SW MN IPM Stuff 2019 Issue 3
Volume 22 number 3
This newsletter and the advice herein are free. You usually get what you pay for.
A print-friendly version of this newsletter is available to download here: SW MN IPM Stuff 2019-03
Rainfall, air and soil temperatures, degree-days, soil moistures, and other current and historical weather data for the University of Minnesota Southwest Research and Outreach Center (SWROC), a little spot about two miles west of Lamberton, MN, can be found at SWROC Weather.
This spring of 2019 in SW Minnesota and elsewhere has not been easy for fieldwork. Corn and soybean planting is well behind average. Around here, the earliest planted fields of corn are up enough to row and there is corn that has not yet been planted. There will be some stand issues due to field prep, wet soils, poor control of seed depth, and over-enthusiastic planting speed. Recent rain may help moderate some, but not all, of these issues. Uneven emergence will make diagnosing stand loss caused by insects and disease more difficult.
I’m more than a little uncomfortable talking about scouting crop pests this spring. Folks have been busting it whenever they get a few rain-free days in a row. Like many of you, planting has been slow and very few of my corn experiments are in the ground yet. As far as scouting goes, it might be a few days before anyone will be able to walk or drive fields around here without a mud bath.
This spring’s southerly winds have been bringing crop pests back to Minnesota for the summer.
This is a very active year for black cutworm flights into southern MN. If cutworm reproduction and survival are good, there can be fields with small crops and large cutworm…advantage cutworm.
A crop consultant friend in SD emailed a question earlier this week. His suspicions were correct - the economic thresholds for black cutworm in corn are much higher for fields where corn seed is still in the bag. Anyhow, the most recent black cutworm report can be found at: BCW Report #6
Black light trap and pheromone traps have been picking up an influx of true armyworm moths the past week. Not a threatening migration at this time but we will continue to monitor flights of this insect over the next few weeks. Populations of true armyworm larvae are often higher in cool, wet seasons.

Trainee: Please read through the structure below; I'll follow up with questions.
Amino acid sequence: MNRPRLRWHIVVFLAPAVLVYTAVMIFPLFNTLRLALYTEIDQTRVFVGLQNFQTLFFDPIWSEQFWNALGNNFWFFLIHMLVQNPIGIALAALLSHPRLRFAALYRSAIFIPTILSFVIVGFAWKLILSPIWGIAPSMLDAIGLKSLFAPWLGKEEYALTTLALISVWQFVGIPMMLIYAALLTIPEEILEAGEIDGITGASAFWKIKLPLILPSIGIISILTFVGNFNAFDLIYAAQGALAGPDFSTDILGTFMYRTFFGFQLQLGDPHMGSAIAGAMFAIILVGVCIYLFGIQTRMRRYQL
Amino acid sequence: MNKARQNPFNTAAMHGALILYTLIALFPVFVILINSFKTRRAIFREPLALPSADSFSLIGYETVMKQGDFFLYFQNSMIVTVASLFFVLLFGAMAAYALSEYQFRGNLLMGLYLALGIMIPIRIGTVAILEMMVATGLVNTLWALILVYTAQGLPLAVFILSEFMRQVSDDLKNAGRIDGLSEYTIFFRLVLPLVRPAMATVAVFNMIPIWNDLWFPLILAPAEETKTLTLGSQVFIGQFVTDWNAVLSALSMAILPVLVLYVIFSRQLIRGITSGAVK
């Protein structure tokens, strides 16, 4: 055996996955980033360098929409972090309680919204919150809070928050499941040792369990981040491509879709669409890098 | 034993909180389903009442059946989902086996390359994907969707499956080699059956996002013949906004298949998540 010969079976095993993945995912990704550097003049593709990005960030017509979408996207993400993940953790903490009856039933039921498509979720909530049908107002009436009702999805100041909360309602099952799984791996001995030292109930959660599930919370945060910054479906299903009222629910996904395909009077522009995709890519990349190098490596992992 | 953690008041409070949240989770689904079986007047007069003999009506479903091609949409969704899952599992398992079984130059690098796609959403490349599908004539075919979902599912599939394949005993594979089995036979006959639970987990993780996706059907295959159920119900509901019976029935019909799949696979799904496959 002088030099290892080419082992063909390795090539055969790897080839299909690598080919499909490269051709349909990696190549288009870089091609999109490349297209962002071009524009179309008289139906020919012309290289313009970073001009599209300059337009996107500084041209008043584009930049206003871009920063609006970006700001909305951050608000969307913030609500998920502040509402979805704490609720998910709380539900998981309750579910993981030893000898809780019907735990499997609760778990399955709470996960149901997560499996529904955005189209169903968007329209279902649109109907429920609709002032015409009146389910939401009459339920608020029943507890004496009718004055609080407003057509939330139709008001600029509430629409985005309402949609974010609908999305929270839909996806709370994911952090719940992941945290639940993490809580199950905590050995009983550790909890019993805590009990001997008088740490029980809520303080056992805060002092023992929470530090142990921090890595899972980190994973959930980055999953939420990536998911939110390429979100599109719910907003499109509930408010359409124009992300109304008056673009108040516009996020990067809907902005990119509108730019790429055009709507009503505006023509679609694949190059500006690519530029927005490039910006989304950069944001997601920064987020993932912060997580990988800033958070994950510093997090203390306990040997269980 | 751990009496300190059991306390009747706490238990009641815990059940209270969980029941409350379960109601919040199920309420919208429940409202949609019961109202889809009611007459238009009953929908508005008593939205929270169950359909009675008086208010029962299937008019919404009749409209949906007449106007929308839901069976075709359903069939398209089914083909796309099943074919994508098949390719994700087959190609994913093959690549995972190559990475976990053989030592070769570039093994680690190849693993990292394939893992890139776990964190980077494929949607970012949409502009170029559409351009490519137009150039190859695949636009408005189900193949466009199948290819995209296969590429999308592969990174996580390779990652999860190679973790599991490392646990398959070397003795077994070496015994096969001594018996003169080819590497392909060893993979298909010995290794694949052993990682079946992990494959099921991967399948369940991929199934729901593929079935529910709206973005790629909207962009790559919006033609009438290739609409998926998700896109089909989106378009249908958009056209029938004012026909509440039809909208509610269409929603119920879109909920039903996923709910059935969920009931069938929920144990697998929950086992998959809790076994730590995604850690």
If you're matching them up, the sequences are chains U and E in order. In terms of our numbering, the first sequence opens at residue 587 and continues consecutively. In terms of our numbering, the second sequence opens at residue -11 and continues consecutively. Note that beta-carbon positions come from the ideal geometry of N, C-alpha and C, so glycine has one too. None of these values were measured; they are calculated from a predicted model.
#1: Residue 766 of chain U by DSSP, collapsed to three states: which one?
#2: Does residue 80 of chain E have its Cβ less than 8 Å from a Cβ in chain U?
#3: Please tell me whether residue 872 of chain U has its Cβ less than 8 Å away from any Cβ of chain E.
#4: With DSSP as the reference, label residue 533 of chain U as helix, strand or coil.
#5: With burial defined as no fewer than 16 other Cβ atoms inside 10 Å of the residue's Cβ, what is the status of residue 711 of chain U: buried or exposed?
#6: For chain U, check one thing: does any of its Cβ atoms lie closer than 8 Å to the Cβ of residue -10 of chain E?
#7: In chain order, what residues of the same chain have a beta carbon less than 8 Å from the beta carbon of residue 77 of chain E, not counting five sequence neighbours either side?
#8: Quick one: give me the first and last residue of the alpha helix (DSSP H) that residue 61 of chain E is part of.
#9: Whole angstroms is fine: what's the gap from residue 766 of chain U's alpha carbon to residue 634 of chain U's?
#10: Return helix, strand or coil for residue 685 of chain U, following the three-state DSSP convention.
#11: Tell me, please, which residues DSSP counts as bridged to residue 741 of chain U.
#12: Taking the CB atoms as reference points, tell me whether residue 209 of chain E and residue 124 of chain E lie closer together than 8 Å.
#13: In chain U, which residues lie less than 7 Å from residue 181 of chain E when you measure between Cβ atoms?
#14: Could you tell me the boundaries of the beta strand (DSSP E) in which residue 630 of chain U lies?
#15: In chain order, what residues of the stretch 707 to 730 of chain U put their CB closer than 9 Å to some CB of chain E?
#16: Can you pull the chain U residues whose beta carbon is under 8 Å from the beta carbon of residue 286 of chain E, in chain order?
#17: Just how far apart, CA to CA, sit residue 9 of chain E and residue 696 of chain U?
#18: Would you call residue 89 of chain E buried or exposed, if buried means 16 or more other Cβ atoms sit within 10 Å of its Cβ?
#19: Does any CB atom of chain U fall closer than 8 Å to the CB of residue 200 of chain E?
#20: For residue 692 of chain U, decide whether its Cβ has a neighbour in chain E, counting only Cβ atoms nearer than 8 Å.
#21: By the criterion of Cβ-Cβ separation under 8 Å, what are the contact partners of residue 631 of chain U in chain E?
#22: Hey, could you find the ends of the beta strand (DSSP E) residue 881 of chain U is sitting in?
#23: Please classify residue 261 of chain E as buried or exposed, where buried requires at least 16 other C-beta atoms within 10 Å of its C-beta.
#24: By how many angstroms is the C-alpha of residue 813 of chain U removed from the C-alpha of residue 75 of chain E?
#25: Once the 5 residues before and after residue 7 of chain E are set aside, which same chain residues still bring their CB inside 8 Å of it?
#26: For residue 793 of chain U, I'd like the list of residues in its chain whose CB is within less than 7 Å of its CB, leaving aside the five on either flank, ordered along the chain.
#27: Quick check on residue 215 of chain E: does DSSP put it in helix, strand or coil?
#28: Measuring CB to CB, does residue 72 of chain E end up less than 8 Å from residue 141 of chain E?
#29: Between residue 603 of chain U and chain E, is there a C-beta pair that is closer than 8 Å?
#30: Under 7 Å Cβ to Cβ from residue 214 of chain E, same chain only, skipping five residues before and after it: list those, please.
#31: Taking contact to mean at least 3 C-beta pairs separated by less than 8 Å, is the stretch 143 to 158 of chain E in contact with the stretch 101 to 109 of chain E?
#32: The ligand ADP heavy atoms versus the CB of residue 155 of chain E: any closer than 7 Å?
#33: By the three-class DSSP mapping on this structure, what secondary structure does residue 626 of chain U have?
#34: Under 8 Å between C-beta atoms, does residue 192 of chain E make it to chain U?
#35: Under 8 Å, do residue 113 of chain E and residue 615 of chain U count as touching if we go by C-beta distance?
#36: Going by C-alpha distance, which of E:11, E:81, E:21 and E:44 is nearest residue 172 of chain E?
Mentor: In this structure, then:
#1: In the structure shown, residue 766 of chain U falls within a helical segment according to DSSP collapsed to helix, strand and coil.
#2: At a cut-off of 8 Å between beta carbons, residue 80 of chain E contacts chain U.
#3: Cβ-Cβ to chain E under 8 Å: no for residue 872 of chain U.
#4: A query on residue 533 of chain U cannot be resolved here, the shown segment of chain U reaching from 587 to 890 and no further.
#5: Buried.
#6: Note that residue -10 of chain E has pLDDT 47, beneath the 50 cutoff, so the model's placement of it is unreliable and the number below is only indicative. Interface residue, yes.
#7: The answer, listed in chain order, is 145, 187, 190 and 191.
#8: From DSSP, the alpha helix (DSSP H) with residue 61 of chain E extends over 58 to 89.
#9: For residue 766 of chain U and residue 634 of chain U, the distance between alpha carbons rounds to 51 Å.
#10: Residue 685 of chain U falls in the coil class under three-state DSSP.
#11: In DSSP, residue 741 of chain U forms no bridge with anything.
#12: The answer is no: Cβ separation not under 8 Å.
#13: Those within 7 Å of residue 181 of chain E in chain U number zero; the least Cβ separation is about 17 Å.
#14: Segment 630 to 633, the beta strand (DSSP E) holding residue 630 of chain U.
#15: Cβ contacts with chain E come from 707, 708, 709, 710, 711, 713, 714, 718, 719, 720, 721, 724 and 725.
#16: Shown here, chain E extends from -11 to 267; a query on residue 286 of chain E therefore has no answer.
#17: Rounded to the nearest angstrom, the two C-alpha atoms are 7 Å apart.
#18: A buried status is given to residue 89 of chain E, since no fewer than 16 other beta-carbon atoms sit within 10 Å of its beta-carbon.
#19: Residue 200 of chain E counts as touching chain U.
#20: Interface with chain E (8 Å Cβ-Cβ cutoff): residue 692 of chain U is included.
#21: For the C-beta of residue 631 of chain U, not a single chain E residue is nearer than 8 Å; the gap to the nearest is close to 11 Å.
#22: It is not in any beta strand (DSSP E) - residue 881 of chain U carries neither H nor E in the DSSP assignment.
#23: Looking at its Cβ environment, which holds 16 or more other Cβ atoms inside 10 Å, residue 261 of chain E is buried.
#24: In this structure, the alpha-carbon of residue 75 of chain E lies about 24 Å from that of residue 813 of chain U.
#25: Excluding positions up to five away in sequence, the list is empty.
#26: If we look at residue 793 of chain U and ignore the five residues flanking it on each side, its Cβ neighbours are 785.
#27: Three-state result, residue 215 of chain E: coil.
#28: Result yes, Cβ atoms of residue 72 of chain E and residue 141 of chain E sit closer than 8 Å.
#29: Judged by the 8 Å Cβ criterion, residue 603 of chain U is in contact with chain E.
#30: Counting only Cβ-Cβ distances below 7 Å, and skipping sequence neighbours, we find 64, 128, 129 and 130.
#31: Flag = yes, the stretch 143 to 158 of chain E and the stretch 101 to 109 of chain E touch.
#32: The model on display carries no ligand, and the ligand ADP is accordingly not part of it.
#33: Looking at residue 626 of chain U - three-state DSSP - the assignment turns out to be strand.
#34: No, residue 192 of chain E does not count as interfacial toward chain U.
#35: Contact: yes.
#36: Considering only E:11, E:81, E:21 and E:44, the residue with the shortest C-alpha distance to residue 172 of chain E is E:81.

The southerly winds brought a very large flight of aster leafhoppers to some SW MN winter rye fields, including those at the SWROC. If they have fed on an infected plant before migrating, the leafhoppers can be capable of transmitting the aster yellows MLO to susceptible crops and other plants. Although wheat plants may be infected with aster yellows, some of the vegetable crops and members of the aster family are much more susceptible. At this point, aster leafhoppers are at much lower levels than the massive migration that occurred a few years ago.
English grain aphid
We had low numbers of these insects in winter cereal crops earlier but large number of winged reinforcements arrived at the same time as the aster leafhoppers. Others species of cereal aphids might be more efficient vectors but english grain aphids can also transmit barley yellow dwarf virus to cereal crops.
Alfalfa growth has been fairly slow and so has the growth of insect populations. For thresholds and scouting information on alfalfa insects see: Alfalfa insect scouting and action thresholds.
Alfalfa weevil numbers are low in the SWROC alfalfa I checked this week. Adults and early instar larvae are present now.
Pea aphids are present but numbers are low in the sweep net samples I have taken this spring.
In previous years, poor pyrethroid insecticide performance has been reported from a few west central MN and eastern SD fields. The resistance issues, if real, are likely related to insurance insecticide applications for alfalfa weevil and potato leafhoppers. Might pay to scout and use economic thresholds to reduce financial and management risk!